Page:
The imperfect perfection of Wabi-Sabi

The other day the wind on my porch blew a cup of coffee I liked onto a table, shattering it. I did what most people would have done: pick up the pieces and throw them in the trash. There are people in Japan, however, who would have handled the breakage differently. They would have glued the pieces back together with gold lacquer, following an ancient practice known as kintsugian expression of the elegant Japanese aesthetic philosophy known as wabi-sabi. The damaged cup would have taken on a new form of beauty, one that spoke of the impermanence of life in general. One can have a beautiful object that in an instant shatters, just as one can have a beloved friend or relative who loses his life in an instant.


Americans live in a disposable society. We replace anything damaged even slightly as we can only accept perfection. If we thought the wabi-sabi way, we would embrace imperfection, allowing us to see something that might be considered decrepit in our sleek, mass-produced culture as having a singular beauty.


Wabi-sabi, an outgrowth of Buddhist teachings, merges two Japanese concepts into a unique blend. There is no direct equivalent of the word wabi in English. “Rustic” is probably the closest equivalent, but it’s short. The word originally referred to the solitude of living in nature, removed from society, but its meaning has evolved over time, taking on less melancholy connotations. “Imperfect Beauty” is what he refers to now. Sabi expresses the effect that time has on objects. An old rusty metal wall exposes sabi. Nobody would build a rusty wall, but it is still possible to see the aesthetic value.


Consolidating the two words in wabi-sabi expresses an aesthetic based on the appreciation of aging, defective objects and the search for beauty in simplicity. It’s about celebrating the way things are rather than the way they should be. An object exhibiting wabi-sabi has the quality of inevitability – time changes everything. Maintaining a perfect look is impossible over time, and it’s not something to strive for. If people could accept this on their own, they would be happier and save money. But the Kardashians and Instagram set our superficial cultural tone at this time, and they’re about as anti-wabi-sabi as they come.


The concept of wabi-sabi, the rough Japanese equivalent of the Greek ideals of beauty and perfection, has been central to Japanese artistic expression for centuries, but wander around Tokyo asking random people to define the word, and you will find many struggling with the task. Someone could possibly say that wabi-sabi refers to the “soul” of Japan, which is concise and precise, but not quite a definition. Most Japanese know wabi-sabi when they see it, but explaining it is another matter. How many Americans could, on the spot, explain what Americana is and how it is reflected in the music, film, fiction, folklore and material culture of this nation?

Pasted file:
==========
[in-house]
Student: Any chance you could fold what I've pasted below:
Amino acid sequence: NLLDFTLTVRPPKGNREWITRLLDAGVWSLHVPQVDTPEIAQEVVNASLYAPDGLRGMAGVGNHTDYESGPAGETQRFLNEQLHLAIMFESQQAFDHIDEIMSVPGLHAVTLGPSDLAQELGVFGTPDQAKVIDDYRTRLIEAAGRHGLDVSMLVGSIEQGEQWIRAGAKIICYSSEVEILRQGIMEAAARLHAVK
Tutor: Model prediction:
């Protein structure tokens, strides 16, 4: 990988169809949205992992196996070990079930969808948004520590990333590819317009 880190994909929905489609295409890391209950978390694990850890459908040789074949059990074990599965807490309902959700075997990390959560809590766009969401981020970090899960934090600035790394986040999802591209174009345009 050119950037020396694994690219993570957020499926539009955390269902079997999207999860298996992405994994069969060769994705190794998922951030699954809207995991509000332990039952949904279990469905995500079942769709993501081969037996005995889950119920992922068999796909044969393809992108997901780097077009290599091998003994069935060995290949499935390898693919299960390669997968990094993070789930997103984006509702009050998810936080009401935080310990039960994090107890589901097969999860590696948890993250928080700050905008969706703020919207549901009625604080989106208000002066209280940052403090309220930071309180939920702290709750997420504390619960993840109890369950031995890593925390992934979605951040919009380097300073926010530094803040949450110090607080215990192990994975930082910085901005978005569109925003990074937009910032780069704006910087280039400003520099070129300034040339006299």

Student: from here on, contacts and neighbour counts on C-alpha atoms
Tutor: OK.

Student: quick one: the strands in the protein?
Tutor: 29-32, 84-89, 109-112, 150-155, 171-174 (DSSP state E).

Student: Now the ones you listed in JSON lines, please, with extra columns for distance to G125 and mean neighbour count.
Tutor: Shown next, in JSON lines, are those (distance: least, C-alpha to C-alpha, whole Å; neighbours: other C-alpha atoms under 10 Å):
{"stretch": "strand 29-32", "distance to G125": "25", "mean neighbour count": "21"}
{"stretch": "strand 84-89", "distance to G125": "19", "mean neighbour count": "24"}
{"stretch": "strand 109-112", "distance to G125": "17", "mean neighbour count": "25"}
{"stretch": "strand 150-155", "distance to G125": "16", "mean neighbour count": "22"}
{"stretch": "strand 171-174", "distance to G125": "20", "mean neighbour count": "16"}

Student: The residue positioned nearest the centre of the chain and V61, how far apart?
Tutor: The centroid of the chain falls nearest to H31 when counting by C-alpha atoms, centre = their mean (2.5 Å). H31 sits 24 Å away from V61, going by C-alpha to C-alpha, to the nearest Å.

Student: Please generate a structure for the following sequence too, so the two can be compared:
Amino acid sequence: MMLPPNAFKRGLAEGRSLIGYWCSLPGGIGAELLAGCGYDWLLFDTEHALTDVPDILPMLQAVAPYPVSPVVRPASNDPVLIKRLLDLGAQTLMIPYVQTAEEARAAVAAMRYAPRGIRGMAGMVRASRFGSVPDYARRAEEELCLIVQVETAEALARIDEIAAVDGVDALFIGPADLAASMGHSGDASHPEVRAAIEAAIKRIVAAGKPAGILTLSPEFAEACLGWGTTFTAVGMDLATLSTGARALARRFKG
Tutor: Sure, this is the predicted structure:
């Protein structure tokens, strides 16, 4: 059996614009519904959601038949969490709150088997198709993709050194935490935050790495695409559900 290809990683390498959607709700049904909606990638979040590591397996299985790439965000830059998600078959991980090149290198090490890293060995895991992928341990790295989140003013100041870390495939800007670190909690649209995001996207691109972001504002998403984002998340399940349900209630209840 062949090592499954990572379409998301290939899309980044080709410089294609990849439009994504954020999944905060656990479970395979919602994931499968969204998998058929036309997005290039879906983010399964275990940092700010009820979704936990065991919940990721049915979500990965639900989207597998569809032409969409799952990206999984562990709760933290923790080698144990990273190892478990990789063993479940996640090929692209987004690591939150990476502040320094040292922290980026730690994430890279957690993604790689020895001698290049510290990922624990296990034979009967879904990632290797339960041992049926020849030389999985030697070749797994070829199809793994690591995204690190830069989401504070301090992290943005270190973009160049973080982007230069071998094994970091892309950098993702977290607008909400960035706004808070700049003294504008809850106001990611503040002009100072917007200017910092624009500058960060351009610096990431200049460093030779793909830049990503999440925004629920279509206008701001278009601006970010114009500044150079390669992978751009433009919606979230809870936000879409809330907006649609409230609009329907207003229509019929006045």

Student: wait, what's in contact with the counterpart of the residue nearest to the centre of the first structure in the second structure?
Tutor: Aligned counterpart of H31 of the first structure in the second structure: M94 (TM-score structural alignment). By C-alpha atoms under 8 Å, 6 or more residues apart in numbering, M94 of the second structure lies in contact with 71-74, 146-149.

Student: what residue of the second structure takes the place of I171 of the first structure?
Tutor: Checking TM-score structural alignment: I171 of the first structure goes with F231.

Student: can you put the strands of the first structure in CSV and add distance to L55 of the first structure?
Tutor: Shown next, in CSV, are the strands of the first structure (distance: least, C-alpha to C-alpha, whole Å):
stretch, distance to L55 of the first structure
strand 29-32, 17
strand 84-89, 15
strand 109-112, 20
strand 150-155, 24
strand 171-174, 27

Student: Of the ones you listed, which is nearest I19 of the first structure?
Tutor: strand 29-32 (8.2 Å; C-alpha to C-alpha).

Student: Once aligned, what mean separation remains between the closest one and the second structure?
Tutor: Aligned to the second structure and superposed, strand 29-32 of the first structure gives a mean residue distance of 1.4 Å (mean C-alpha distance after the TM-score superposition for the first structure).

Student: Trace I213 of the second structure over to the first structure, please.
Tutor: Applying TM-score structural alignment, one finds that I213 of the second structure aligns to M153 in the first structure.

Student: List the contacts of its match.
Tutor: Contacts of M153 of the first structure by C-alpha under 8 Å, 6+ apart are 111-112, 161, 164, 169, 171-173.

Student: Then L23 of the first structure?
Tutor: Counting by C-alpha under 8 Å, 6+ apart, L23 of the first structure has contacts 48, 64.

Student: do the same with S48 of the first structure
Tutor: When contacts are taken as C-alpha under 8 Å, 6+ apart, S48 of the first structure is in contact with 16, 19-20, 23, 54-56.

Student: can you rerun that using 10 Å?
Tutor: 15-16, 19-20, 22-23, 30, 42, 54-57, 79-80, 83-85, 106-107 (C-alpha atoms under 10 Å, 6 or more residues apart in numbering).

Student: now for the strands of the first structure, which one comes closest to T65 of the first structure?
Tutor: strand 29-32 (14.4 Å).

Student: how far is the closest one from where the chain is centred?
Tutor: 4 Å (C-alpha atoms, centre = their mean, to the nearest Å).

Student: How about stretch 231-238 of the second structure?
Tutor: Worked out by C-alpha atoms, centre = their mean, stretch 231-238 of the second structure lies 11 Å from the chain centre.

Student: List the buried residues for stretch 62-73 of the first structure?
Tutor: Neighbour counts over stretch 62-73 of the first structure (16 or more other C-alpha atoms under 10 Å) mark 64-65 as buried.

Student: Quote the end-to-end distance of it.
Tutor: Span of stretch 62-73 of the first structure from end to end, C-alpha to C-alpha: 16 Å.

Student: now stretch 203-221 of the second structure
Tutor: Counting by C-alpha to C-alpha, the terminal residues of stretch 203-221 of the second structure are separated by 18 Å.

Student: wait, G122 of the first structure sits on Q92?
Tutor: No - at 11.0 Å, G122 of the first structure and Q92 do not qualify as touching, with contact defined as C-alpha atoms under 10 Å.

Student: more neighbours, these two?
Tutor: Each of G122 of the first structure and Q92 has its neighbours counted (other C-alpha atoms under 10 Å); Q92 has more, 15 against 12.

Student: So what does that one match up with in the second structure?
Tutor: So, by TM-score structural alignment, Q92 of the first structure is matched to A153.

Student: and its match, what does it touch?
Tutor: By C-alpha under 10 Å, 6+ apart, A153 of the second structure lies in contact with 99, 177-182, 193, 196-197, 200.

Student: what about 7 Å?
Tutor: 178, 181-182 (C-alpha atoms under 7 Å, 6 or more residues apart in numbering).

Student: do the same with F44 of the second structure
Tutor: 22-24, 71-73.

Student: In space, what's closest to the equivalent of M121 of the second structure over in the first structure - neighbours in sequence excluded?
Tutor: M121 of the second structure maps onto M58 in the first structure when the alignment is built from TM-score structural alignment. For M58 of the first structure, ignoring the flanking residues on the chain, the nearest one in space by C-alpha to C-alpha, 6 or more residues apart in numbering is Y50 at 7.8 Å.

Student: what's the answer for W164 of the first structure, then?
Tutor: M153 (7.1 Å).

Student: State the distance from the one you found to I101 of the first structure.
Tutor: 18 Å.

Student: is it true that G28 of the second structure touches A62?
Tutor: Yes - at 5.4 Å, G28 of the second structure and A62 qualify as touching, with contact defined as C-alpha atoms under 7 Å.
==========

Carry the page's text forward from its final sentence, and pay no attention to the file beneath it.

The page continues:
The West is obsessed with symmetry and perfect proportions. Murata Jukō, founder of the modern Japanese tea ceremony, saw too much flawless beauty in the aristocratic way in which the tea ceremony was performed in 15andJapan of the -century. He was appalled that the shoguns held the ceremony in a garish environment to show off expensive vessels and utensils imported from China, which was a deviation from the spiritual roots of the practice. Jukō’s redesign of the ceremony was in accordance with the principles of wabi-sabi. Back then, tea ceremonies were held on balconies during a full moon. Jukō wanted this to happen during the subtle play of shadows during a half moon or partially darkened moon, and he wanted to replace fancy imported goods with rustic, imperfect items made by Japanese artisans. To this day, the tea ceremony remains one of the most widespread manifestations of the wabi-sabi philosophy.


Wabi-sabi is under enormous pressure in Japan from Western consumerist values. About 45% of Japanese women own a Louis Vuitton handbag, an item representing the Western obsession with symmetry and perfection. The Japanese are obsessed with prestigious brands, which is the antithesis of wabi-sabi. Prestige has no place in the wabi-sabi aesthetic.


As for American culture, it’s all about material possessions and bling. No one can be too rich, too young or too fit. The pursuit of perfection comes at a price: depression, anxiety, addiction, and burnout. Advertisers fuel this culture by tricking us into pursuing unattainable goals, which is exhausting and unnatural. It is also dangerous for mental health. Striving to live a life of perfection ultimately means that all it takes is a little hiccup to bring you down. It gives people a fragile quality that those who are able to find satisfaction in their current situation do not have.